“Jaren stared down the nine guns trained on him. One by one, they lowered their aim. And the rest of my life began — where, in a few short years, so many others would be ended.”- Ghost Fragment: The Dark Age 2
“Arask sat in the heart of his Ketch, lit only by a weak amber glow of his viewscreen. He frowned as he charted another trip through the Themis Cluster with a quarter-load of Phaseglass. The job would barely pull enough to cover the voyage, and Ether reserves were dangerously low.”- I Thaw, Between Solar Stars
So I got back into Destiny 2 about two weeks ago. I’ve probably put 40ish hours into it since then. I’m hooked, and a lot of that is due to the obvious reasons: the gameplay, the visual design, the wonderful feedback loop the game puts players on, and the community of friends who play it with me. But I think the biggest reason that I’m fully back into it is the lore, and how stories are delivered to the player in Destiny 2.
Most modern AAA games deliver their narrative to the player as if the player is the stupidest person to ever walk the face of the earth, and let's face it, a lot of gamers are idiots. But it is always special when a game (or any form of media) deliberately doesn’t hold the players' hand in regards to storytelling and worldbuilding. FromSoftware games are known for this. But besides their work, it is rare to see this approach in the AAA space, let alone in a first-person shooter like Destiny 2. The game builds its storytelling and world less on defined narratives and more on mystery, hearsay, and folklore. There is an oratory sense to the narrative that is pretty unique when it comes to games. Everything is ancient. Lies might not be lies. And truth is rarely ever concrete.
The best stories Destiny 2 presents to players are not found in key quests or in direct cutscenes, they’re found in the margins—in weapon descriptions, in the vast lore codex, and in seasonal and weekly challenges. Yes, the core narratives at play in each expansion are often very compelling and do a lot to push the Destiny universe forward, but it is the story fragments and one-sentence narratives spread across the margins that have so endeared me to the game and its world. This is partially due to the fact that these stories are never just handed to the player. We have to deliberately seek them out in menus, random conversations, and item/weapon descriptions. And even then, the stories are never fully formed. We often have to piece them together over time or through conversations with fellow Guardians. In that way, the world of Destiny feels more natural and less made than other games, even ones that take place in a facsimile of reality. Destiny 2 is a game about space wizards but its world feels more honest, grounded, and real than any Grand Theft Auto game could ever be. That is due to the fact that Bungie has made the world of Destiny feel less like it happens in unison with the player, but rather that the world is always in a state of happening, regardless of player input. This is aided by the live-game nature of Destiny 2, and this helps the narrative feel more lived in and real because it is always happening, always progressing. Leave the game for a few months and come back and you might not recognize it. Or maybe you will. That all depends on what happens to the game world in that time—a new expansion that fundamentally changes a lot of things could come out, or a new season could start. Changes big or small could happen. And that makes the world feel as if it is always in a state of flux, of progression—much like reality. But the unreality of Destiny is what makes the world and stories therein so special, it just so happens that it is benefited by a realistic approach to world creation and narrative.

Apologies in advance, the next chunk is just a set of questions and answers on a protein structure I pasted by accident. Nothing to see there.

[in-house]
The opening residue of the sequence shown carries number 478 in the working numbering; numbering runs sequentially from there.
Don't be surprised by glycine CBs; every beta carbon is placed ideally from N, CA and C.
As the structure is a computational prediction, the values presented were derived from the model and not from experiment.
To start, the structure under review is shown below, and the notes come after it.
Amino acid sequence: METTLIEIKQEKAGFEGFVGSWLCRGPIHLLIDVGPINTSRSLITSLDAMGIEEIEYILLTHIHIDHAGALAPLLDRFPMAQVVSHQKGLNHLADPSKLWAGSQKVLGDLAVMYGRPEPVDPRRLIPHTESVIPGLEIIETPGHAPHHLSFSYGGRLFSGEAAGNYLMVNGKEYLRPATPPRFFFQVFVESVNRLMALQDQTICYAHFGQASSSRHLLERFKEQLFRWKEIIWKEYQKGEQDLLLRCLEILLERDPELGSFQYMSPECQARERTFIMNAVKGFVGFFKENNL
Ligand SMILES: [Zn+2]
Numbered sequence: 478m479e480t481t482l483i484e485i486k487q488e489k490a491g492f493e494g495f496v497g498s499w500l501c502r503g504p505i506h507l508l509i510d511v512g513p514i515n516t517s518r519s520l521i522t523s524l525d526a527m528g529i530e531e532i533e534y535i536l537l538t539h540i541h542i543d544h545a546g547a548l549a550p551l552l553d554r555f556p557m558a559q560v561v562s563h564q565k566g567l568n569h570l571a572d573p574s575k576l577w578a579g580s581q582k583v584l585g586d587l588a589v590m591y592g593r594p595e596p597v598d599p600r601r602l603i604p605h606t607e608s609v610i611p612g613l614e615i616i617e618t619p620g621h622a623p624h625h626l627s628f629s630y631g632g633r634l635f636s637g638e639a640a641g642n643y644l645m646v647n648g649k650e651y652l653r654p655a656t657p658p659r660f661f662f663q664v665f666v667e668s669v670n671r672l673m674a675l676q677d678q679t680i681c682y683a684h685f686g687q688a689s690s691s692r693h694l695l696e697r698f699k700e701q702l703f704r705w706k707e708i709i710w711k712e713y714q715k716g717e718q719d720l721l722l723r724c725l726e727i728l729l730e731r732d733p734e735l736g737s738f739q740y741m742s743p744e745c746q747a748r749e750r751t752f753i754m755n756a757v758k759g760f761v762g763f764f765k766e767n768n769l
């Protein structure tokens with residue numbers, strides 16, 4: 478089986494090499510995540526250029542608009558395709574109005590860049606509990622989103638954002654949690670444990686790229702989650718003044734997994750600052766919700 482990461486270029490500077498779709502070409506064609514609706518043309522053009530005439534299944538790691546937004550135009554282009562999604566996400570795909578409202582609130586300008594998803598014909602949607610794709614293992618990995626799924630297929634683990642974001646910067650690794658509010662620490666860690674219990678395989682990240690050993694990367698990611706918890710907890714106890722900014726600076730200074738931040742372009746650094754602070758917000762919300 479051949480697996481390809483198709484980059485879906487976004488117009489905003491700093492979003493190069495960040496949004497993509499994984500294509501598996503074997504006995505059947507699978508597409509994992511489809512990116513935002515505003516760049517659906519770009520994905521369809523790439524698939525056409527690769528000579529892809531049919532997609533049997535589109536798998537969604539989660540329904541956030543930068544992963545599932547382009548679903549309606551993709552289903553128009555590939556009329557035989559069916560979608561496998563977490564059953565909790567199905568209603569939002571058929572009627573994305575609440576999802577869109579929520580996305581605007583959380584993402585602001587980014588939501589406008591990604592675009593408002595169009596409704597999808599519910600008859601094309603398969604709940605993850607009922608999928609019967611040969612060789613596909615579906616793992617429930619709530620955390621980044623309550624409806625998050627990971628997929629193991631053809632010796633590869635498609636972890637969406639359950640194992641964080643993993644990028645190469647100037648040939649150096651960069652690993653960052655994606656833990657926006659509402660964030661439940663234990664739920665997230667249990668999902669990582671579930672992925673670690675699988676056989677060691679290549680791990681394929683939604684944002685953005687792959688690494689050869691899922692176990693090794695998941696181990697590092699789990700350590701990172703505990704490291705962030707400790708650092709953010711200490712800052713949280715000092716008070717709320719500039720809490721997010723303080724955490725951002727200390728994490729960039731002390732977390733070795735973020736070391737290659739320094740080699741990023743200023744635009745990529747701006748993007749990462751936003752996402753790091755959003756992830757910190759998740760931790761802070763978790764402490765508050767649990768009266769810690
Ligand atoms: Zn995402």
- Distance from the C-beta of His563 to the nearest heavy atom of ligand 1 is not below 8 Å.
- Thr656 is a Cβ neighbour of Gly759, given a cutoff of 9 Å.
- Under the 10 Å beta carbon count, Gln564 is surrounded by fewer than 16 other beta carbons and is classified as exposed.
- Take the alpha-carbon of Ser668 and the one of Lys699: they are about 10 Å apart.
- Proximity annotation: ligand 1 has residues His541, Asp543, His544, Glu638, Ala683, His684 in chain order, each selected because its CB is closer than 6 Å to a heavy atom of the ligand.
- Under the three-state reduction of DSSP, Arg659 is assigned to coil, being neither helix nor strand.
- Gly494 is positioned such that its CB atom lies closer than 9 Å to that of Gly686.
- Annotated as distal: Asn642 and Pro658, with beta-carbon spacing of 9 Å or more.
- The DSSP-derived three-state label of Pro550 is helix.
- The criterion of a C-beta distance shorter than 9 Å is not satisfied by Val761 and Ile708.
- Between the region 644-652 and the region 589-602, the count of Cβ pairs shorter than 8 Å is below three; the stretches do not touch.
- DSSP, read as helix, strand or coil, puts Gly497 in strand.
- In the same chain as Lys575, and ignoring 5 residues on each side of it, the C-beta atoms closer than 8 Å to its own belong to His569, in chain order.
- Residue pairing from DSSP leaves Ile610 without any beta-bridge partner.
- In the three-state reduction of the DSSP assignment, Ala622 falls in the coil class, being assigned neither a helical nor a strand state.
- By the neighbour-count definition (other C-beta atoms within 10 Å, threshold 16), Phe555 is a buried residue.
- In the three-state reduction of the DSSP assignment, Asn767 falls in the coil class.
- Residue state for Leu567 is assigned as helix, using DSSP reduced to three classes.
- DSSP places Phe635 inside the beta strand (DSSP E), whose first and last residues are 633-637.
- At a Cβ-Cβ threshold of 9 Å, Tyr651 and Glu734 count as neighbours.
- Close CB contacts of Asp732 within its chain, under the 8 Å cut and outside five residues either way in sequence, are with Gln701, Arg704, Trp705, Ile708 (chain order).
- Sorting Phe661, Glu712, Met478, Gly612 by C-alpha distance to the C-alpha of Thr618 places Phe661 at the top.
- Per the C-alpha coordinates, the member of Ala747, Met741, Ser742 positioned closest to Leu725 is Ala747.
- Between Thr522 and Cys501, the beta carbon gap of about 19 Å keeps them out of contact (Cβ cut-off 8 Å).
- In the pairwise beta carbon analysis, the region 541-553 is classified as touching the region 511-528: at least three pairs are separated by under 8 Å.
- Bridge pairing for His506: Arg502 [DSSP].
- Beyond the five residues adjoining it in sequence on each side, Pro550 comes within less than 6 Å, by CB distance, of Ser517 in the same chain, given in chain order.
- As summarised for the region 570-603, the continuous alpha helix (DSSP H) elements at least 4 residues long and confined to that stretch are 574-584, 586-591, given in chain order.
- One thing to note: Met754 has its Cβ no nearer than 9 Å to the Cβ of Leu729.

Destiny 2 has a lot of proper nouns. Names, weapons, planets, currencies, and just about everything else under the sun are given an (incredible) proper noun title. These names are stories unto themselves, hints to a deeper story at play, or puzzle pieces to stories that are still in motion. These proper nouns have rich, vast histories. A lot of them are never explained or unpacked for the player. Some are, but most aren’t. We’re asked to take them as they are at face value, and so we do. In some ways, I find it a disservice to try and unpack them, to link them to other stories in the game. I go out of my to avoid theories and wiki threads online about Destiny 2. It asks us to just exist in the mystery of it all, so why ruin that with answers, with conclusions? Destiny is an unfinished sentence that feels as if it is always being added to. Why add a period to that sentence? Why close it off? Modern media and those who intake it always beg for answers, for conclusions. And that is why 99% of blockbuster media is incredibly boring, devoid of nuance, and devoid of unanswered questions. Sometimes it is more fun not to know. We can never know everything about this world and our place in it, so why should we seek to have all of this spelled out for us in fictional worlds? It is more compelling to exist in the unknown, and I do just that in Destiny 2. I love it for letting me, no, compelling me, to do so.